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Industry and Education

Part of the debate – in the House of Commons at 6:12 pm on 21st November 1994.

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Photo of David Tredinnick David Tredinnick , Bosworth 6:12 pm, 21st November 1994

I am grateful for the opportunity to speak in this debate. I suggest to the House that this year's Queen's Speech, rather than being overshadowed by bad news, was illuminated by good news: the announcement on that day that unemployment was down by almost 50,000. That continued the trend in the past 12 months of a reduction in unemployment of 300,000. Coupled with the underlying rate of inflation, which is now 2 per cent. and the lowest for 20 years, that means that we have all the ingredients for a long and sustained recovery. The two factors of falling unemployment and low inflation demonstrate that the Government's economic strategy is working well.

Against the background that I have outlined, I welcome the Queen's Speech. Although it is less radical than most Queen's Speeches since 1979, it will consolidate past successes by building on the already successful privatisation of the gas industry, which is recognised now as a world leader, by improving the help available for the out of work through the new job seeker's allowance and by introducing new social reforms to tackle discrimination, improve the care of the mentally ill—which will be welcomed very much in Leicestershire—and improve the management of the national health service.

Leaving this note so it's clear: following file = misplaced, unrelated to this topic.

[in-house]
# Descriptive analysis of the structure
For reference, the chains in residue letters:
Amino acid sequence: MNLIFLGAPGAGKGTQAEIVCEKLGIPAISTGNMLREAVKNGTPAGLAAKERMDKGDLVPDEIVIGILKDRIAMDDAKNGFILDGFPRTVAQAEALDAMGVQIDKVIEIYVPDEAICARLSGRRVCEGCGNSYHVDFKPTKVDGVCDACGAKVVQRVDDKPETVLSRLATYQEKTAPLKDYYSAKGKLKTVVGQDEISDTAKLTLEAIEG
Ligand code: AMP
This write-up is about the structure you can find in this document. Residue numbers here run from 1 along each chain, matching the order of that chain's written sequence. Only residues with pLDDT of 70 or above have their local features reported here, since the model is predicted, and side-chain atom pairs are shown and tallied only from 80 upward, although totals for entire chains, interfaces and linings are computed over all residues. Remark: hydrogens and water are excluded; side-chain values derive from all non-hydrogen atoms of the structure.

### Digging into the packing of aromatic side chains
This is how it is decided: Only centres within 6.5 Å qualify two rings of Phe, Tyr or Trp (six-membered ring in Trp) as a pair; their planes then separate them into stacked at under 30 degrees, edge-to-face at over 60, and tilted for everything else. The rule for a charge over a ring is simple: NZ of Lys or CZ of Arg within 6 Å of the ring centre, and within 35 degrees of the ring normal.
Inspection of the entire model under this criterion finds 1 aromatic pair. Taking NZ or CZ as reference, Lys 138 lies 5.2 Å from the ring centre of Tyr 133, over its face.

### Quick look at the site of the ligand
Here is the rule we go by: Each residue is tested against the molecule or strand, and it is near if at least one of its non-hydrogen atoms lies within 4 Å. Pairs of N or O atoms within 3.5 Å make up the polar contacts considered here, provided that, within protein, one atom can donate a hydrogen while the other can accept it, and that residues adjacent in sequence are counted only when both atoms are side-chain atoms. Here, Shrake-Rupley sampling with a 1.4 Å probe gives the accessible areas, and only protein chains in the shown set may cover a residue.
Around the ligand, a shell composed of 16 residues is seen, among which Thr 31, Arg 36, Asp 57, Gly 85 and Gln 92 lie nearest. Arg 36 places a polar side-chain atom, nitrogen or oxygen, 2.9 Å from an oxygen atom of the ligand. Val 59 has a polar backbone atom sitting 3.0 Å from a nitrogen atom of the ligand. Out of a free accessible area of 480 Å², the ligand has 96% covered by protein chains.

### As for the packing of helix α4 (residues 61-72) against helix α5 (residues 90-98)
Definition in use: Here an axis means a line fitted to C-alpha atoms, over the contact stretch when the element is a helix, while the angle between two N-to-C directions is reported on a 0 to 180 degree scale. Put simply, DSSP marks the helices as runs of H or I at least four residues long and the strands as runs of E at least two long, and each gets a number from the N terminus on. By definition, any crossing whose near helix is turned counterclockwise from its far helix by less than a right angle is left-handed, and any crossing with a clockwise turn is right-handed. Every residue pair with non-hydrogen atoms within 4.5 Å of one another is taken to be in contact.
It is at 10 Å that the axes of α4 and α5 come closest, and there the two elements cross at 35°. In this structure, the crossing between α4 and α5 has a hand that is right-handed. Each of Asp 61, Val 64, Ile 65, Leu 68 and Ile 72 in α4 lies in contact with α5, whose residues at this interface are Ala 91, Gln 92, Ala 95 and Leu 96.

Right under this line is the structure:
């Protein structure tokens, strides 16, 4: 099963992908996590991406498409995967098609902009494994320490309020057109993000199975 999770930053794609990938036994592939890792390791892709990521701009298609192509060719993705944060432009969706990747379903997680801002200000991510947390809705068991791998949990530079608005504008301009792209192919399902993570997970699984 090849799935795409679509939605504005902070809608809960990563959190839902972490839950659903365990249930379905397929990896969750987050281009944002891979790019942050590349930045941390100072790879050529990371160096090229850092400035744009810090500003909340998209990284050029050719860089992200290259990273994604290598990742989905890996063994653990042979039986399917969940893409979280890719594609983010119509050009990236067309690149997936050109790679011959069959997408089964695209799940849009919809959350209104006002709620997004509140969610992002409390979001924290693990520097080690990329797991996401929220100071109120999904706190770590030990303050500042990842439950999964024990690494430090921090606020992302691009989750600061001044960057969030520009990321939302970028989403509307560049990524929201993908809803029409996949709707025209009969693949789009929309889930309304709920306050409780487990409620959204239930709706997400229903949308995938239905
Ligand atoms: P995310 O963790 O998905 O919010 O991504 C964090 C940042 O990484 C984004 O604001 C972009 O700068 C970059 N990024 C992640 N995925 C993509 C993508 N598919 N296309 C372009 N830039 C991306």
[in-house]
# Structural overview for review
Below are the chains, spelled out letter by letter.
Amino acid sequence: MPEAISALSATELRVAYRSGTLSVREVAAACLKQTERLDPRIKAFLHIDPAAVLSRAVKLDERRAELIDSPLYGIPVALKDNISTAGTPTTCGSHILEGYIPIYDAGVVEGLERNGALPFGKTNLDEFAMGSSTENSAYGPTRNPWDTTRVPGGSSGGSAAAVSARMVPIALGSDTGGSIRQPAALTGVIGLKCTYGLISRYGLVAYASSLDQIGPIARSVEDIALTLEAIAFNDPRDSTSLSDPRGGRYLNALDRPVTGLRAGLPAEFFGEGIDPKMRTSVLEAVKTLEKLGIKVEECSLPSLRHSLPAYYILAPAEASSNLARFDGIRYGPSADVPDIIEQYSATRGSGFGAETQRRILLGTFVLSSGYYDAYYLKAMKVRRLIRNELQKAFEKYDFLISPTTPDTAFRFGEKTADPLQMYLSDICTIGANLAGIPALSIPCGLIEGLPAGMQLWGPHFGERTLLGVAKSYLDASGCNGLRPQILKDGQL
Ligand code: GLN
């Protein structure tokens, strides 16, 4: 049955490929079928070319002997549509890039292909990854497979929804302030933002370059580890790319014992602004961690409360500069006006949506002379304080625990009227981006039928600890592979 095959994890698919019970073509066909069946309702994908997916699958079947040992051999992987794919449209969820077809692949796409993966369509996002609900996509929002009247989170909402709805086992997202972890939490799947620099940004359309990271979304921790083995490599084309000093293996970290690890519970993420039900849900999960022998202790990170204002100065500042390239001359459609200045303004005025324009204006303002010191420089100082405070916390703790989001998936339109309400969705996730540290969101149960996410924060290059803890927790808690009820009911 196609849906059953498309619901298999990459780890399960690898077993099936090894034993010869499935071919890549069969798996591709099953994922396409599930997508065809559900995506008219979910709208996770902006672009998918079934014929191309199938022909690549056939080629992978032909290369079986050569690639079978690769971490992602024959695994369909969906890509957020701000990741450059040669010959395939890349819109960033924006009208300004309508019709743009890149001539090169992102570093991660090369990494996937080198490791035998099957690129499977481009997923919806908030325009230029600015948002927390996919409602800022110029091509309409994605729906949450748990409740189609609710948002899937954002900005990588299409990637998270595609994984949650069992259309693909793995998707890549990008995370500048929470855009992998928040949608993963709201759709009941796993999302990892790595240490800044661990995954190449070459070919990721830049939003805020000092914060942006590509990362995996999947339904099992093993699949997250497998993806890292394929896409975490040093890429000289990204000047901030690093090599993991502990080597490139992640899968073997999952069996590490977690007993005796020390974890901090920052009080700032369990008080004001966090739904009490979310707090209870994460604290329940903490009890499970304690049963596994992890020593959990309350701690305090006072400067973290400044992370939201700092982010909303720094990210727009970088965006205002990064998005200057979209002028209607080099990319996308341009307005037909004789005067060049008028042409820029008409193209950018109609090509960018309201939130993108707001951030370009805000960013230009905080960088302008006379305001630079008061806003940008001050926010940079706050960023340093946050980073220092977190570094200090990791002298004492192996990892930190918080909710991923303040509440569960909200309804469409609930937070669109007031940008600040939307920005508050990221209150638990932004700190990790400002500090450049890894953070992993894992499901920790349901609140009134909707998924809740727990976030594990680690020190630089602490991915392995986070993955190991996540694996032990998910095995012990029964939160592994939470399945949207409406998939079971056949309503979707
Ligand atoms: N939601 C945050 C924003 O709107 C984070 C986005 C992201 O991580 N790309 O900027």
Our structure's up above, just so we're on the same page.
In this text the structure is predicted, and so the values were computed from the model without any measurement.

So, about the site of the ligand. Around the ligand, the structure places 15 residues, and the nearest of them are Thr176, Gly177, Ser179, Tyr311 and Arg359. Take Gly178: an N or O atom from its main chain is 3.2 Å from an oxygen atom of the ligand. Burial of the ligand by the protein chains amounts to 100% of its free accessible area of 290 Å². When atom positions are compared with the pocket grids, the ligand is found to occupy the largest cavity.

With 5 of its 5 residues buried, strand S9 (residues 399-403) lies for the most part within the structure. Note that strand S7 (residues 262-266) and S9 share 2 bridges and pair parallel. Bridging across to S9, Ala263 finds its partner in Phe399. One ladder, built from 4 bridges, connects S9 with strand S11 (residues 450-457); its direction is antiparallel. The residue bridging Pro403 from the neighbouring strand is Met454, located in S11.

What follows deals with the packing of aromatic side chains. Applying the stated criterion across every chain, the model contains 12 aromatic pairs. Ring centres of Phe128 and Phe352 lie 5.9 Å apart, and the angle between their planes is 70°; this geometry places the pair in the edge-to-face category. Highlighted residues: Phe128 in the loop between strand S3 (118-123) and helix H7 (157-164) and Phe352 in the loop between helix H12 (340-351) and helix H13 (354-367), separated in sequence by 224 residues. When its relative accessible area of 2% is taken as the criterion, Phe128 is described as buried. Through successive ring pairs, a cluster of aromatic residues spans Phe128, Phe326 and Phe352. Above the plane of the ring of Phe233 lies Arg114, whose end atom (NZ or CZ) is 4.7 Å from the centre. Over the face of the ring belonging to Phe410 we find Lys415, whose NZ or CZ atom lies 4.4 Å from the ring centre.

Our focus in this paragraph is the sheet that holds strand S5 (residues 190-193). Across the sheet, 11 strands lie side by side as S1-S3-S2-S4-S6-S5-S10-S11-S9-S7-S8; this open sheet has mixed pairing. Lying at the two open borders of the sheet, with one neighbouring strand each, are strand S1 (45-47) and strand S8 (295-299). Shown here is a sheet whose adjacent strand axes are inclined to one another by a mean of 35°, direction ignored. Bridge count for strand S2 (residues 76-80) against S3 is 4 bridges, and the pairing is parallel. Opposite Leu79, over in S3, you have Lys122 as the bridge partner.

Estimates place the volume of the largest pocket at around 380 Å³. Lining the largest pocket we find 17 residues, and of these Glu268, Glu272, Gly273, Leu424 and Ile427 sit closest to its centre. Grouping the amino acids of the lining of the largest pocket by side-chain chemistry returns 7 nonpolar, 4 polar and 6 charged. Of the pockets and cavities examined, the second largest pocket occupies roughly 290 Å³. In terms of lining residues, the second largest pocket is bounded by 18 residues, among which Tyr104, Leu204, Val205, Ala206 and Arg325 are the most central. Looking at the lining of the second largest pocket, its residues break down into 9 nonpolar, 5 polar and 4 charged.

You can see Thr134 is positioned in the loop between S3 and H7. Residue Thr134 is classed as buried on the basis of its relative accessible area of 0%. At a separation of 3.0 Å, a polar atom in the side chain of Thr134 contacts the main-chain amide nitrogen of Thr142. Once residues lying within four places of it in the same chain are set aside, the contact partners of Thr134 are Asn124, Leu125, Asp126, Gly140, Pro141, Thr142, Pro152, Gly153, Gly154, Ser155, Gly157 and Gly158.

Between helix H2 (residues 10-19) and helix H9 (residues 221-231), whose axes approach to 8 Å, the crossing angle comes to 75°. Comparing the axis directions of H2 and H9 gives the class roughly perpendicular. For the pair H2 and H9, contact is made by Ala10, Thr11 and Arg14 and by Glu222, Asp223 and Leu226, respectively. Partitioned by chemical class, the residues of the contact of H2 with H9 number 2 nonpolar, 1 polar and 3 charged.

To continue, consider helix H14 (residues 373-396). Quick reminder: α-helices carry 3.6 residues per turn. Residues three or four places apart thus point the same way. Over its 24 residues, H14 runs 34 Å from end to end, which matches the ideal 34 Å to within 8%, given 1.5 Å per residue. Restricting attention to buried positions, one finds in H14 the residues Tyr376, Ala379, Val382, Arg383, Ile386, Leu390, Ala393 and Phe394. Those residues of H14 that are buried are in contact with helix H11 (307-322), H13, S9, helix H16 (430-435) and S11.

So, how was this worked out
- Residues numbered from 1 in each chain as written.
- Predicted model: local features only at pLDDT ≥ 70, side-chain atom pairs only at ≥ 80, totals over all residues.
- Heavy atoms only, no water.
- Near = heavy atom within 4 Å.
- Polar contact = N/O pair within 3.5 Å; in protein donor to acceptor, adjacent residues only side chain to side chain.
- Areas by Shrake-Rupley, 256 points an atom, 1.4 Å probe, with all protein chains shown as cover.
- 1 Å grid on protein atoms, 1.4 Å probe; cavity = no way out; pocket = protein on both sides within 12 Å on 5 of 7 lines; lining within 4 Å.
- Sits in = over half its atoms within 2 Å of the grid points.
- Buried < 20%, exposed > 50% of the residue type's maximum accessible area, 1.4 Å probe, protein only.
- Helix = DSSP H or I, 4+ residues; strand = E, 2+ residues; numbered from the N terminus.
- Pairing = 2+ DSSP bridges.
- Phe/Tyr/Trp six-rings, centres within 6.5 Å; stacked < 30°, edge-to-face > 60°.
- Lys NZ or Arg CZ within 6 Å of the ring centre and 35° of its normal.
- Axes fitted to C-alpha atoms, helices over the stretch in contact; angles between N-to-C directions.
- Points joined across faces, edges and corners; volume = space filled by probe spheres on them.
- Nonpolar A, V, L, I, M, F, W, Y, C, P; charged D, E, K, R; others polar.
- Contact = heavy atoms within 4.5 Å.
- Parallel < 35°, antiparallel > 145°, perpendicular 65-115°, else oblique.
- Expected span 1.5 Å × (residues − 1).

I represent a seat in the middle of England. It is not a traditional Conservative shire seat, but one that was Liberal and then Labour until 1970. Indeed, if Lord Wyatt of Weeford, the former Labour Member, had preached the philosophy that he preaches today, particularly when he writes in The News of the World, perhaps history would have taken a different course.